Wednesday, February 28, 2024


Open House Highlights Cape May Beach Safety Committee’s Priorities

Visitors inspect gear on the beach atCape May Beach Safety Committee’s open house
Courtesy Cape May City’s Facebook page

Visitors inspect gear on the beach atCape May Beach Safety Committee’s open house, June 24. 

By Vince Conti

CAPE MAY – Cape May City Council’s Advisory Committee on Beach Safety teamed with the city’s Beach Patrol to host an open house, June 24, at the Beach Patrol building on Beach Avenue.  

The event promotes public awareness of the advisory committee’s initiatives and provides safety tips for beachgoers in America’s oldest seashore resort. 

The very next day, the DeSatnick Foundation held its annual Around the Cape Paddle, a fundraiser that contributes funds to the foundation’s mission of support for those living with paralysis and spinal cord injuries. 

The two events are inextricably linked by history. 

In 2001, Chad DeSatnick injured his spine in a surfing accident off a Cape May beach. Following the injury and long years of rehabilitation, the DeSatnick family became prominent advocates for beach safety with a heavy emphasis on the sand slopes that they say was linked to erosion following federal beach replenishments. 

Dennis DeSatnick, Chad DeSatnick’s father, chaired the city’s first Advisory Committee on Beach Safety until a proposed new resolution altered the mission of the committee at the end of 2021.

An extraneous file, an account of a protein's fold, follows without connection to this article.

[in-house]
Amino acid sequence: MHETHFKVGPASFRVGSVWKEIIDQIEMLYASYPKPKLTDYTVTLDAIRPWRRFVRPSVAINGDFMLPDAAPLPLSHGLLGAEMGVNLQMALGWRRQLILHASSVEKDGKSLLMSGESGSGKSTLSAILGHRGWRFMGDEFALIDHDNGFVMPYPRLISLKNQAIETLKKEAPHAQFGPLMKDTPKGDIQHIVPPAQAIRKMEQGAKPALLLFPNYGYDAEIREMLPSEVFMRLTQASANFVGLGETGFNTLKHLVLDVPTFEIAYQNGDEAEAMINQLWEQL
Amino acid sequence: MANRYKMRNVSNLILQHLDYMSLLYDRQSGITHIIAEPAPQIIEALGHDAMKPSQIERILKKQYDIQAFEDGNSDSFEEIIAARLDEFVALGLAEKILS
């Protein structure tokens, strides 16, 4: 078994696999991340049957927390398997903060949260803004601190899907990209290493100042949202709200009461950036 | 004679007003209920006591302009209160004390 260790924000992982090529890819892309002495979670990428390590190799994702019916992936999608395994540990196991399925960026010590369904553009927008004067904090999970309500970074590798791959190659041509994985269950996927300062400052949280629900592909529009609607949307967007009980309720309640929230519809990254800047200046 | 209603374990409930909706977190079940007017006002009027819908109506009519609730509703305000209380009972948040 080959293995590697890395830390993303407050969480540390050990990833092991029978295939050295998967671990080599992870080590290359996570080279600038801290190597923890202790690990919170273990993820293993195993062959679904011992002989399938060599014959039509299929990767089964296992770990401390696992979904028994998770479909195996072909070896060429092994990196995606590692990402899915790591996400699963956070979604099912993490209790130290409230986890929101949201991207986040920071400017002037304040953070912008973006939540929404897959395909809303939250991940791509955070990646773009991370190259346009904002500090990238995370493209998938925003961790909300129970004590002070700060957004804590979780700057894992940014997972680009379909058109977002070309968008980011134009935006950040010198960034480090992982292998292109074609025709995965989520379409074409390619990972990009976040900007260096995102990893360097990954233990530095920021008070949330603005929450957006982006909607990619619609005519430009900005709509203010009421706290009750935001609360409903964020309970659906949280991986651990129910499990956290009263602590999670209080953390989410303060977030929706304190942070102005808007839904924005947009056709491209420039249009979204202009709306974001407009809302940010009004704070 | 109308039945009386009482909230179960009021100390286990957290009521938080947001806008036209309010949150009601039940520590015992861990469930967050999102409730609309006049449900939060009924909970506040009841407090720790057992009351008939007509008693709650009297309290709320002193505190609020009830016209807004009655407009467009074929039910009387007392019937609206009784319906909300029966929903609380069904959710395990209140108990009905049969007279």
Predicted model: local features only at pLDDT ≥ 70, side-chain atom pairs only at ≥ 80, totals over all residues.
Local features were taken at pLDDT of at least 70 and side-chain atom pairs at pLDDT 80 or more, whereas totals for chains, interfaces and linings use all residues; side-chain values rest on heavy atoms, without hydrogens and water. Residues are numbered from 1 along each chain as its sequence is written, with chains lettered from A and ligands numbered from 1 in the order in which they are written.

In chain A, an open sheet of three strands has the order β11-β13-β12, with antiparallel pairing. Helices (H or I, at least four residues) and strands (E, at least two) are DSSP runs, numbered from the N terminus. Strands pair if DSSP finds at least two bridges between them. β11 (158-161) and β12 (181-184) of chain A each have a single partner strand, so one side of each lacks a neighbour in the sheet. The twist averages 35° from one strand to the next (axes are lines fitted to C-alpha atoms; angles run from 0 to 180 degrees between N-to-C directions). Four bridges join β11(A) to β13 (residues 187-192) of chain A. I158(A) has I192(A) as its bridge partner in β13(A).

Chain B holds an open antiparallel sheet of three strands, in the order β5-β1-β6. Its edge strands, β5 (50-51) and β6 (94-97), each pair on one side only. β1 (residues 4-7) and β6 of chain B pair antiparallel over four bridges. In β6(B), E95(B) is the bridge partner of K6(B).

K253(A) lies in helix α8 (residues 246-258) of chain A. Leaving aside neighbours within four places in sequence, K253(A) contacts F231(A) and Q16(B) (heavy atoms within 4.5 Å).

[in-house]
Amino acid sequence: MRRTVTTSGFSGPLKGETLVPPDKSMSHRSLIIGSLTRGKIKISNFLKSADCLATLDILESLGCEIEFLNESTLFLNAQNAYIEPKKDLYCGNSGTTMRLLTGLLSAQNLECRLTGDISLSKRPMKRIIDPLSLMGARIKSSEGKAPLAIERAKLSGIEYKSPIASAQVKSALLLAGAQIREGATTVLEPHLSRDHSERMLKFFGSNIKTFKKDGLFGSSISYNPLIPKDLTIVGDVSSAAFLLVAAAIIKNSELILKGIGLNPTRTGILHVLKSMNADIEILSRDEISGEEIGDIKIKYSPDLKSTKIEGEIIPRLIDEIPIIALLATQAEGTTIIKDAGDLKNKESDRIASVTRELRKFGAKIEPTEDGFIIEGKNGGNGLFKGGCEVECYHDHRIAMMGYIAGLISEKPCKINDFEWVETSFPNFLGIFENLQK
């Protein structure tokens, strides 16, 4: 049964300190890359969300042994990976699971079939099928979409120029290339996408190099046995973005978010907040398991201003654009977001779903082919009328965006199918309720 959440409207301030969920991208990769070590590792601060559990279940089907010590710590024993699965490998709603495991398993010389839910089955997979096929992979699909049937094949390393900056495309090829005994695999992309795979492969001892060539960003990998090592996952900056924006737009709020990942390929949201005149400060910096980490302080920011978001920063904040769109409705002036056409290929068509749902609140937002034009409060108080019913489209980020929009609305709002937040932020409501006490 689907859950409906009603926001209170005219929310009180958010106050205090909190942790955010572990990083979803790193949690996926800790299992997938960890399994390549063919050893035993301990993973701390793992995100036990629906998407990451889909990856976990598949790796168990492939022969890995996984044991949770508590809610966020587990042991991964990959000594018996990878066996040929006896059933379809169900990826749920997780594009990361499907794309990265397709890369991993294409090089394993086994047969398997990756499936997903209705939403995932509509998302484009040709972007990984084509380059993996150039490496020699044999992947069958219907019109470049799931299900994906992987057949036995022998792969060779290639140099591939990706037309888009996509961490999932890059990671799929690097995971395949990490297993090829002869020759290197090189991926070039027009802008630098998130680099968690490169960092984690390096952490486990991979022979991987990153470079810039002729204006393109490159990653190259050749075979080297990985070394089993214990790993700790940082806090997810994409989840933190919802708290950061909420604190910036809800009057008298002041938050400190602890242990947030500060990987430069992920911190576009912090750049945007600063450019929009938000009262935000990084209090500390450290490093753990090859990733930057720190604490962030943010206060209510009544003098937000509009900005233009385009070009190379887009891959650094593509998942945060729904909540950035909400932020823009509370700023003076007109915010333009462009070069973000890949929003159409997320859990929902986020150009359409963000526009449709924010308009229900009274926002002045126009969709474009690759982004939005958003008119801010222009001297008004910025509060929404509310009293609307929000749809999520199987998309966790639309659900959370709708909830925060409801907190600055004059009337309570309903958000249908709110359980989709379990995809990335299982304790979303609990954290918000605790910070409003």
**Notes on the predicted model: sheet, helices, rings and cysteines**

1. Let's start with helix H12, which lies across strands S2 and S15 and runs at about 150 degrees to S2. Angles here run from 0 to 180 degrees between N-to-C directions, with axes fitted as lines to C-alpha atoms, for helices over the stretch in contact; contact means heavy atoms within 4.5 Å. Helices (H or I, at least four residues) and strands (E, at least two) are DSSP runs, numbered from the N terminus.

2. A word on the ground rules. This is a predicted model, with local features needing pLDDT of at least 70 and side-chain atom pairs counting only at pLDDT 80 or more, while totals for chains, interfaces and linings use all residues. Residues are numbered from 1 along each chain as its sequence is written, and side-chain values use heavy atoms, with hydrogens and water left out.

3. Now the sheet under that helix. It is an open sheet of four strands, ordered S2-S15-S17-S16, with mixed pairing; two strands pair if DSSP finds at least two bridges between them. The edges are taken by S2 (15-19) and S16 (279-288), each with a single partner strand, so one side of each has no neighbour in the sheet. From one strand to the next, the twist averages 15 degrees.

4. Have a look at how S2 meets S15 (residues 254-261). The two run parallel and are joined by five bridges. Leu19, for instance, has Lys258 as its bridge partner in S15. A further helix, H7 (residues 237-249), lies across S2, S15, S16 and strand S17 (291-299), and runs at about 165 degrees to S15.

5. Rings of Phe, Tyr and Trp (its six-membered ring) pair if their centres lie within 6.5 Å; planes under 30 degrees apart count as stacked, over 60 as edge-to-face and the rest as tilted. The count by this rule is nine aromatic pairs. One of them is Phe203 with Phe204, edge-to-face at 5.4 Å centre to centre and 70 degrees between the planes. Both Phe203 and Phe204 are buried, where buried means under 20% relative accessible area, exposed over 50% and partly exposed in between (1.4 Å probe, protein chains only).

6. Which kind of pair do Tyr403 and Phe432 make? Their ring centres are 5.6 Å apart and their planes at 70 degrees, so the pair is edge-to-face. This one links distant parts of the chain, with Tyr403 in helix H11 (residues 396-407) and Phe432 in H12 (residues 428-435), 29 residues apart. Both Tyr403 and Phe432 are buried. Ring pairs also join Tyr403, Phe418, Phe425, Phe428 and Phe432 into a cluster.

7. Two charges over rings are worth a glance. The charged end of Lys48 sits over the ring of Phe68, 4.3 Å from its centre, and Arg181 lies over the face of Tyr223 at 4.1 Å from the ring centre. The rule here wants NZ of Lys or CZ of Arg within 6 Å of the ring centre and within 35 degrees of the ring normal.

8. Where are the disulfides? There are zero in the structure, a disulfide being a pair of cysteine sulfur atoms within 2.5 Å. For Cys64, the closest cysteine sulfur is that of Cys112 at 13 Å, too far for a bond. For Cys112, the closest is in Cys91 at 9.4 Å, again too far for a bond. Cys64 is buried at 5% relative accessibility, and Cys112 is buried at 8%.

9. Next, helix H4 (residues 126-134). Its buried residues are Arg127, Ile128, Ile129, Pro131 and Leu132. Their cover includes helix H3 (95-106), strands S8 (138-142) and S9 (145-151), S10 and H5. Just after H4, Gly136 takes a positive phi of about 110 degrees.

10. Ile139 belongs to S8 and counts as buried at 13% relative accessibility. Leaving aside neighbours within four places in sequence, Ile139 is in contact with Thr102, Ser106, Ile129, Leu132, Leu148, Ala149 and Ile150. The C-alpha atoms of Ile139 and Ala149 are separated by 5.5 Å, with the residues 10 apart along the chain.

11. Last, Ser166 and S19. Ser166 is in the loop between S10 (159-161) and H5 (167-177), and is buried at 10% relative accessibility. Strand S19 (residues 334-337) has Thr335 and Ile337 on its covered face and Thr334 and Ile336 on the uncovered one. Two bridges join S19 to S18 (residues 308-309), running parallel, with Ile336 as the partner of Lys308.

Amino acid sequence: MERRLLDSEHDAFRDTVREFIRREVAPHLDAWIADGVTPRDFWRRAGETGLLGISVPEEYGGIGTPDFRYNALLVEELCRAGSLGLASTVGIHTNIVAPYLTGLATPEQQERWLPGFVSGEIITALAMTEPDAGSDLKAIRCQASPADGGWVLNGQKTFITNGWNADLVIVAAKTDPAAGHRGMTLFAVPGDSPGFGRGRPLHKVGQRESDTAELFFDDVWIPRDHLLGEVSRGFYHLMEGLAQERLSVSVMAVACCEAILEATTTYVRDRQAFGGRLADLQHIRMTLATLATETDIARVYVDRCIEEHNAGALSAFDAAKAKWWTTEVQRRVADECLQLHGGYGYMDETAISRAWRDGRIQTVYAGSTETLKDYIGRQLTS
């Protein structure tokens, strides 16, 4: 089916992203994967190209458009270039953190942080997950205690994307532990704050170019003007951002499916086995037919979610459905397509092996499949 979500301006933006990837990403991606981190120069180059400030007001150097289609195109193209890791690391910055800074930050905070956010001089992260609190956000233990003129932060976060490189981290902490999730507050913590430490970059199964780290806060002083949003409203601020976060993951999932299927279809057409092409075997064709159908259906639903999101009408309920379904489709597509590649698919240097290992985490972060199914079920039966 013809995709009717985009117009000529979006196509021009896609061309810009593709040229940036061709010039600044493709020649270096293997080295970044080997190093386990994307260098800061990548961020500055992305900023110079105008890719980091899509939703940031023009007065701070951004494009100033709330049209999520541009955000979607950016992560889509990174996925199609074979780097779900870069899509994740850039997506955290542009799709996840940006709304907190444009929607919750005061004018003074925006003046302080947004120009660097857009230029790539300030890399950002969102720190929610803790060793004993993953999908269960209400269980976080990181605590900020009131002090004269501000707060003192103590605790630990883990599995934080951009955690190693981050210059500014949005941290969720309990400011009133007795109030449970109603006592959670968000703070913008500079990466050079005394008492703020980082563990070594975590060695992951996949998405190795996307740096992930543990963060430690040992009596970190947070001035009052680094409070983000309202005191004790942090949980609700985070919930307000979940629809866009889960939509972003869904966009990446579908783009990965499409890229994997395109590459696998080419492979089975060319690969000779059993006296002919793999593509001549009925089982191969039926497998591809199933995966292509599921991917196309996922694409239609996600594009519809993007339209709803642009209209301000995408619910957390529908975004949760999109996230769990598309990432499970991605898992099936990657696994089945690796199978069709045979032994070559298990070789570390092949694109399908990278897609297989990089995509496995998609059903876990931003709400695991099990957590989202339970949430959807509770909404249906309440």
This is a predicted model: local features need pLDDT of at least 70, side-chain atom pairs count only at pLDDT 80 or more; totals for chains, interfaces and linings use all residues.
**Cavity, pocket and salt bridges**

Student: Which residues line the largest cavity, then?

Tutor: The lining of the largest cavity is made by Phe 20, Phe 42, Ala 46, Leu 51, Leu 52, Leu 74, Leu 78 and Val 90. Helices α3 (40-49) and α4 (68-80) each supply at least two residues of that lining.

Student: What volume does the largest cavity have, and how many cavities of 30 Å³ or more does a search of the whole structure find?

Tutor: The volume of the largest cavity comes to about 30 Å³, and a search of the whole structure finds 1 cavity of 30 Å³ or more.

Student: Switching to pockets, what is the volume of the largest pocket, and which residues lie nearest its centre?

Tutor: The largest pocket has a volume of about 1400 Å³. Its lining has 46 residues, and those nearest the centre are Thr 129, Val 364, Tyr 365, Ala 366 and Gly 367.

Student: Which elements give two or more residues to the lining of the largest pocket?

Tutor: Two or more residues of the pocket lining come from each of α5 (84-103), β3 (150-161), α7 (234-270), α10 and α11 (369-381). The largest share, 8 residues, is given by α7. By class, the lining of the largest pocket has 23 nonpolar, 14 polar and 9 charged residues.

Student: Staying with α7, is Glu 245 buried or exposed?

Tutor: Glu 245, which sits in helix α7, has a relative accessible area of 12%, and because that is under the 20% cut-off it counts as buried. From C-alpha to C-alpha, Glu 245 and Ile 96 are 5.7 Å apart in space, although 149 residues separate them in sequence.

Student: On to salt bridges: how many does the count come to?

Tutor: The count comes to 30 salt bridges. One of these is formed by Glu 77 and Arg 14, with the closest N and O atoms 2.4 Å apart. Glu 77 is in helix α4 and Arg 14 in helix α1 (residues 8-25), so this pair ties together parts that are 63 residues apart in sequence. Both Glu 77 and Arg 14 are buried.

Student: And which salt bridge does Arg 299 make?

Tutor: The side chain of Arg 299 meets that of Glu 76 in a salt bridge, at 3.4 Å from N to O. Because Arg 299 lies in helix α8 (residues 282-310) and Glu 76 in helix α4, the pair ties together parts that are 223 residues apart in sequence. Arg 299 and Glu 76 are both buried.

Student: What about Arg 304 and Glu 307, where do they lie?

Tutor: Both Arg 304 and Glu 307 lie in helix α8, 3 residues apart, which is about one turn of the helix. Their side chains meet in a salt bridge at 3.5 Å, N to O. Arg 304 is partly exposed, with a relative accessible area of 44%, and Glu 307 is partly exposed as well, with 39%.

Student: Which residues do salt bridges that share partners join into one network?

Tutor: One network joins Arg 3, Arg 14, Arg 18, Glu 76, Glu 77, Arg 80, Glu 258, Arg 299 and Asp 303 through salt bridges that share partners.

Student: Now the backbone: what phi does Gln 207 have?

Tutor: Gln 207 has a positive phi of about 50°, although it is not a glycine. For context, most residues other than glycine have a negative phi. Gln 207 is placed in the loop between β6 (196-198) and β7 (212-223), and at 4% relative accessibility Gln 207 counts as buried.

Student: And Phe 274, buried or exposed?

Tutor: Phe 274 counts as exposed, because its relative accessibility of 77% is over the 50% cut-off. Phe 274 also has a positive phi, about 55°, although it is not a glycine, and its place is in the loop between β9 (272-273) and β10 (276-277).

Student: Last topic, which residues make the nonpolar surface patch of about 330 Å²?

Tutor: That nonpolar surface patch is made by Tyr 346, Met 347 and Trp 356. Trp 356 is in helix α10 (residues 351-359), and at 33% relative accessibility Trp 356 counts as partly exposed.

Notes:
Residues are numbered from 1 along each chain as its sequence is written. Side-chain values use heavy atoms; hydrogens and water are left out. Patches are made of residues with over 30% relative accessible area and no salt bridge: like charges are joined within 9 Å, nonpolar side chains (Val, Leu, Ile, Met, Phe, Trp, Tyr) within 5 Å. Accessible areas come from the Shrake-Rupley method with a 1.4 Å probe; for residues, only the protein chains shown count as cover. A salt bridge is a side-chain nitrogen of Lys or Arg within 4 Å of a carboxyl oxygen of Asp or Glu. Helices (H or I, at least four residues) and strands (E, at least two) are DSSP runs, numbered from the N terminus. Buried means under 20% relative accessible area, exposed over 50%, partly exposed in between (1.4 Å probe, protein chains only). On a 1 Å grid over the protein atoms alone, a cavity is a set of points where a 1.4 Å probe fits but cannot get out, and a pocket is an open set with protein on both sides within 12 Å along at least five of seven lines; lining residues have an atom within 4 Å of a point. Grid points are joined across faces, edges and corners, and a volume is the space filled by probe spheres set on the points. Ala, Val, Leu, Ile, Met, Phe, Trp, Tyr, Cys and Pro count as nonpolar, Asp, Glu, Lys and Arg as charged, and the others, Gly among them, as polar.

The resolution broadened the scope of the committee’s mission, and, for both Dennis and Chad DeSatnick, it seemed to place less emphasis on the safety issues they felt should be at the center of the committee’s work. Both resigned from the committee.  

Chad DeSatnick made the split very public with a letter to the editor in the Press of Atlantic City dated Nov. 14, 2021. In that letter, he went so far as to say, “I think fiction has met reality and ‘Jaws’ has become the Cape May surf zone.”  

The new administration, under Mayor Zack Mullock, did not agree that the beaches are dangerous traps for the unwary.  

Both Chad and Dennis DeSatnick argued for coordination with the U.S. Army Corps of Engineers to develop a demonstration project to make the beaches safer, the hiring by the city of a coastal engineer to study the issues and continued focus of the committee on safety as its central mission.  

When that did not happen in the way they thought it should, the advisory committee and the DeSatnick family went their separate ways, with happenstance leading each to sponsor an event on this same weekend in June. 

The committee has continued its efforts under a broader charter with a focus on public outreach and education concerning safe beach practices, ongoing evaluation of water quality, improving beach accessibility, and keeping a responsibility for monitoring issues related to beach slope.  

The committee has been involved in the new public address system improvements at the beach, brochure development, and social media efforts on beach safety.  

Committee meetings have also addressed broadening state permits for beach repair and addressing issues of safety related to beach replenishment.  

On the weekend of June 24, the open house and the paddle were held. The advisory committee and the DeSatnick Foundation both moved their missions forward.   

Contact the author, Vince Conti, email 

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